An Italian cinema legend: Federico Fellini was born 100 years ago | Culture | Arts, music and lifestyle reporting from Germany | DW | 20.01.2020

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An Italian cinema legend: Federico Fellini was born 100 years ago

Few filmmakers in the history of cinema are as famous as Federico Fellini. He is considered Italy's most popular directors, with his films having garnered countless awards. A tour of his iconic works.

He never worked abroad. Federico Fellini, born in Rimini on the Adriatic Coast on January 20, 1920, did not want to leave his homeland. Rome ultimately became the second home of the film director. Both there and in the Italian countryside, he created and invented his very own world, letting his characters live and die there. And with his "truly Italian" films, Fellini has inspired audiences around the world.

Fellini began his work at the end of the 1930s as a cartoonist, then wrote for the radio, worked as a gag writer and then finally began in film, initially as a screenwriter.

His collaboration on the screenplay for the neo-realist classic Rome, Open City (1945) by Roberto Rossellini was immediately rewarded with an Oscar nomination. Many more would later follow: eight nominations and four Oscars in the best foreign language film category.


A famous Fellini scene: Anita Ekberg in Rome's Trevi Fountain in 'La Dolce Vita'

Five years later, Fellini made his first film, together with director Alberto Lattuada: Variety Lights.

The White Sheik (1952) was the first film he directed alone. One masterpiece after the other then followed.

His first films were in black-and-white, had a hard realistic core, and focused on figures on the fringes of society. But unlike his fellow countrymen who remained true to neo-realism, Fellini quickly added fantasy and fairytale, poetic and playful elements to his cinematic cosmos.

With La Strada, Fellini brought poetry to dreary everyday life

This became evident with La Strada, Fellini's first world success. The circus, minstrels, magic and enchantment: The fairground environment became one of his trademarks. 

Fellini's films celebrate nostalgia and a yearning for the joys of childhood. Idlers, strays and petty criminals populate his films, just as prostitutes, saints, mothers and outcasts do. Larger-than-life women, or men searching for the meaning of life: Fellini put them in the spotlight.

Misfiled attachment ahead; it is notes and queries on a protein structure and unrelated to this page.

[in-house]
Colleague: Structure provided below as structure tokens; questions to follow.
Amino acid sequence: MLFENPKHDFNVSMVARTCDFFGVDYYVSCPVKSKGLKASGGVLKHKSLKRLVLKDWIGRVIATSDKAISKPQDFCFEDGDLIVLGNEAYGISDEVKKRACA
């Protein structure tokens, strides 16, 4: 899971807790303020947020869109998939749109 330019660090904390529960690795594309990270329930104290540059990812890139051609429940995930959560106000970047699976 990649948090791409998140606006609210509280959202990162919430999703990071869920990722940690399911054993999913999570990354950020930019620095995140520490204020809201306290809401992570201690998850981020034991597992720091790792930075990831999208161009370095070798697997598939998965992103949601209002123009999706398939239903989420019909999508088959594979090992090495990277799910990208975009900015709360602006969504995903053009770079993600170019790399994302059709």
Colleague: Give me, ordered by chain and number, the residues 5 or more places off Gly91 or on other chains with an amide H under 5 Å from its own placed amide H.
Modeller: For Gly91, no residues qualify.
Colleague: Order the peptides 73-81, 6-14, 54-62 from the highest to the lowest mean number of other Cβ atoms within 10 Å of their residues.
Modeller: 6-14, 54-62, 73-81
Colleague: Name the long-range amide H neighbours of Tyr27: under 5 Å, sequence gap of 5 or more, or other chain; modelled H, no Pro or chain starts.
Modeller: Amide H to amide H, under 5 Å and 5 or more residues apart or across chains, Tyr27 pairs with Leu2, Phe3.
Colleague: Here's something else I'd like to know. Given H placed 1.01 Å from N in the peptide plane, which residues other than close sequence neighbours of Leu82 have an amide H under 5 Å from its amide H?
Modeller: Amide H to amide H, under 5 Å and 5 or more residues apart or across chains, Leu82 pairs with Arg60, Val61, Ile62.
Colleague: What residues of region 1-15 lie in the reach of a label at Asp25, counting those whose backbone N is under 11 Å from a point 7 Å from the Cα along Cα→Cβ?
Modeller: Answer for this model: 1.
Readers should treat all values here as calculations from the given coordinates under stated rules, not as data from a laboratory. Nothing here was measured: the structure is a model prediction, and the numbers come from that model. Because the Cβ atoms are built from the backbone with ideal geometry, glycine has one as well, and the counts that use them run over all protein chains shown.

Marcello Mastroianni (1963)

Marcello Mastroianni in '8 1/2'

Fellini's 8 1/2  from 1963, his autobiographically inspired film about a director in crisis, would also usher in a new artistic phase in his work. From then on, his films became more fragmentary and sometimes even more playful, but certainly more opulent.

Grotesque scenarios, fantastic color tableaux, visual richness

Whether bringing the old and the new Rome and its people in front of the cameras, whether following on the heels of a cynical Casanova in Venice or, such as in Amarcord, focusing on childhood and youth again: Fellini's image tableaux, his grotesque arsenal of figures, his opulent camera angles always offer great cinema, sophisticated, but also always very entertaining and original. You can recognize a Fellini film at first glance.

Film still from Fellini's Casanova

Donald Sutherland as Fellini's 'Casanova'

The fact that he often worked with the same people contributed to this. He provided the greatest roles for his wife Giulietta Masina and his alter ego Marcello Mastroianni. He relied on a few outstanding cameramen, and his composer Nino Rota became a world star by working with him. One could call it a Fellini family, a community firmly rooted in Italy, but which told stories that fascinated the whole world.

Passionate about Italy

Hardly any other director from a non-English-speaking country has been able to garner so many Oscars. Hollywood rolled out the red carpet for Fellini several times, inviting him to shoot in the US. He always refused; Rimini and Rome were enough for him, especially because he found the best work surroundings in Cinecittà Studios in Rome.

When Fellini died in the autumn of 1993, it was an event of national importance that stirred the entire country: Italy had lost its probably greatest film director, the world of cinema one of its most popular filmmakers. But even 100 years after his birth, his work still seems both fresh and contemporary, offering new elements to discover with each screening.

A tribute to Federico Fellini

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